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As far as the business world is concerned, mergers and acquisitions (M&As) are standard fare. One company sees the opportunity to grow or add a complementary competency, so it acquires a (typically smaller) company.
Or in some cases, two well-established industry players make nice and merge into a new power house. Naturally, both cases happened in 2017. And we cover a number of these across major industries we work and play in:
Read on to find out which companies peaked our interest (and will likely peak yours).
First up, energy. In this industry in 2017, we saw one major player acquire another. Plus, two cases of smaller companies banding together.
General Electric acquires Baker Hughes (Reuters). After a failed $28 billion merger with Halliburton in 2016 due to U.S. and European antitrust opposition, Baker Hughes wound up still closing a deal 2017, only with GE’s oil and gas business.
The M&A numbers rundown:
The deal makes the new company—called “Baker Hughes, a GE Company”—the world’s 2nd largest oilfield service provider by revenue (behind only Schlumberger). In this respect, Baker Hughes keeps its name, while gaining the brand power and recognition of GE, as well as GE’s R&D facilities and technological capabilities.
Patterson-UTI Energy mergers with Seventy Seven Energy (World Oil). Way back in 2001, then-Patterson Energy merged with then-UTI Energy to form Patterson-UTI Energy. Fast forward to 16 years later, and the company initiates another major merger in the form of Patterson-UTI and Seventy Seven Energy.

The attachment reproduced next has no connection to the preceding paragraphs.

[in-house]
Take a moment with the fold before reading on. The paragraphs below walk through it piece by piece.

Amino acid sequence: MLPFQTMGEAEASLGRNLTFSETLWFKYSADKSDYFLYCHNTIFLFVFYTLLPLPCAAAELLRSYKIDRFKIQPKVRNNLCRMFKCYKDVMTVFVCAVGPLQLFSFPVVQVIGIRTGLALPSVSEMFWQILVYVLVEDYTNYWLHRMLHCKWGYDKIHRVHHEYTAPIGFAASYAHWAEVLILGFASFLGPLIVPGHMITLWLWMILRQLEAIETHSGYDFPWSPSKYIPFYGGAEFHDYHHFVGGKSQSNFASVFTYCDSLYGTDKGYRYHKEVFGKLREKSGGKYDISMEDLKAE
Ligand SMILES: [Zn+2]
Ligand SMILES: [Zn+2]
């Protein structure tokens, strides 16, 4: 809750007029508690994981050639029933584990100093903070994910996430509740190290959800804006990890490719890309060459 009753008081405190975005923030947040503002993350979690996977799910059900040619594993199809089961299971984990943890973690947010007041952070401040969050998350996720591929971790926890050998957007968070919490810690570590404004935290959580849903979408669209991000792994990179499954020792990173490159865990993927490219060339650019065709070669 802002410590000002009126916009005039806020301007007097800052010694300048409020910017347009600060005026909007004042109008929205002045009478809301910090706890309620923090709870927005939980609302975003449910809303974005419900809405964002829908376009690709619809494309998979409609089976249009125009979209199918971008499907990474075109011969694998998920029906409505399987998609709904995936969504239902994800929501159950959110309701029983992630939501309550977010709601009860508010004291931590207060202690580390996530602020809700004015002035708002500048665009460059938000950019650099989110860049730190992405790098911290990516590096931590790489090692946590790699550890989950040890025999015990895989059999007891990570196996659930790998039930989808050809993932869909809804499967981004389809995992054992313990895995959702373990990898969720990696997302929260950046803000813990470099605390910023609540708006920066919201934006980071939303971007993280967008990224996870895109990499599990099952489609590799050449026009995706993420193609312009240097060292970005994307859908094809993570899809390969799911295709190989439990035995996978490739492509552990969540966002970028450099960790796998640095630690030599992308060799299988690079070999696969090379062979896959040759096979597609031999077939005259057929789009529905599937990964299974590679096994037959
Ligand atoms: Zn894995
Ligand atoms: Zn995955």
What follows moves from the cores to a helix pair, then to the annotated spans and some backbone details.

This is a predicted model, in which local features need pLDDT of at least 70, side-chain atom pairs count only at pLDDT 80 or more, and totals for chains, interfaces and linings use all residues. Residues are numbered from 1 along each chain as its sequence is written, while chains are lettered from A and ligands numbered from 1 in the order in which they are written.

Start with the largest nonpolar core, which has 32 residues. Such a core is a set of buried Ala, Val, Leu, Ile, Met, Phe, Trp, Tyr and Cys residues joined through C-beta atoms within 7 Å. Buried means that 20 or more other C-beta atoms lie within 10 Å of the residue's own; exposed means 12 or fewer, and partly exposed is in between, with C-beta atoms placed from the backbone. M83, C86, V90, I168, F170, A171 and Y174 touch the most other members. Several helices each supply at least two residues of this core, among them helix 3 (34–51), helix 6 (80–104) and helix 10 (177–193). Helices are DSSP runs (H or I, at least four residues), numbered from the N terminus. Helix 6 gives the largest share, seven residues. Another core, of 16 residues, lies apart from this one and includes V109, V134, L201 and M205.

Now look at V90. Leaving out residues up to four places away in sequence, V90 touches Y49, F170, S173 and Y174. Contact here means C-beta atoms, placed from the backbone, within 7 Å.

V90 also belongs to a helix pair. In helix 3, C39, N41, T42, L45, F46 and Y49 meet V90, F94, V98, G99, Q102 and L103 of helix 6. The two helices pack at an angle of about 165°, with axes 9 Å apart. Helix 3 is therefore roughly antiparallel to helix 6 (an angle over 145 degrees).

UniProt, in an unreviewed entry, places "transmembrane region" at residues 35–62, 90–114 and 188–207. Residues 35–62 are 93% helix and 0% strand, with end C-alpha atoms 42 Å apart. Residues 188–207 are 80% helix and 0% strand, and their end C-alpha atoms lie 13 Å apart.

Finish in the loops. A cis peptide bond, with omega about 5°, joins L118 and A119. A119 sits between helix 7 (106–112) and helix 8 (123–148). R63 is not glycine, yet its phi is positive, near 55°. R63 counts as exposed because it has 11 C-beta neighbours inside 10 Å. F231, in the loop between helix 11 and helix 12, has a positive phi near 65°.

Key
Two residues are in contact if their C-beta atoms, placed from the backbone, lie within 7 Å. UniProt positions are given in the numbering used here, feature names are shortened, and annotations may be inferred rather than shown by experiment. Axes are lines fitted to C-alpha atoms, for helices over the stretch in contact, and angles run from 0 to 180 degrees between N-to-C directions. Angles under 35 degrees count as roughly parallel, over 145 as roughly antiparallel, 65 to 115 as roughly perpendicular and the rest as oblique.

As part of the deal, there was a no-cash swap of newly issued shares from Patterson-UTI stock. Shareholders received 1.7851 shares from Patterson-UTI for each share of Seventy Seven Energy.
According to Oil & Gas Journal, “The combined firm will operate 201 high-specification drilling rigs and have a pressure pumping fleet with more than 1.5 million hp of hydraulic fracturing.”
C&J Energy Services acquires O-Tex Holdings (PR Newswire). In the niche area of oilfield cementing services, O-Tex was the 4th largest provider, according to internal data and industry sources.
Acquiring O-Tex immediately pumped up C&J’s cementing business to compete with larger oilfield service providers, especially in cementing.
Next up is healthcare. In this industry in 2017, we saw several billion dollars’ worth of acquisitions by healthcare systems.
UnitedHealth’s Optum unit acquires Surgical Care Affiliates (Reuters). The deal created a “comprehensive ambulatory care services platform, including primary care, urgent care and surgical care services” (via CNBC).
UnitedHealth was already an industry leader in healthcare, but through this acquisition, it gained 205 surgical facilities, which helped serve over 1 million patients across 30+ states.
Steward Health Care System acquires IASIS Healthcare (Boston Business Journal). With the completed acquisition, Steward’s footprint grew to 36 hospitals across 10 states. With an estimated $8 billion in revenue, the system became the largest private hospital operator in the country.
Naturally, the acquisition also bolstered Steward’s employee base (to 37,000), employed physician roster (1,400), and integrated network physicians (to 4,700), as shared on Modern Healthcare.
The Hartford acquires Aetna’s U.S. group life and disability business (Reuters). Through the acquisition, The Hartford rose as the 2nd largest group life and disability insurer in America, serving over 20 million customers.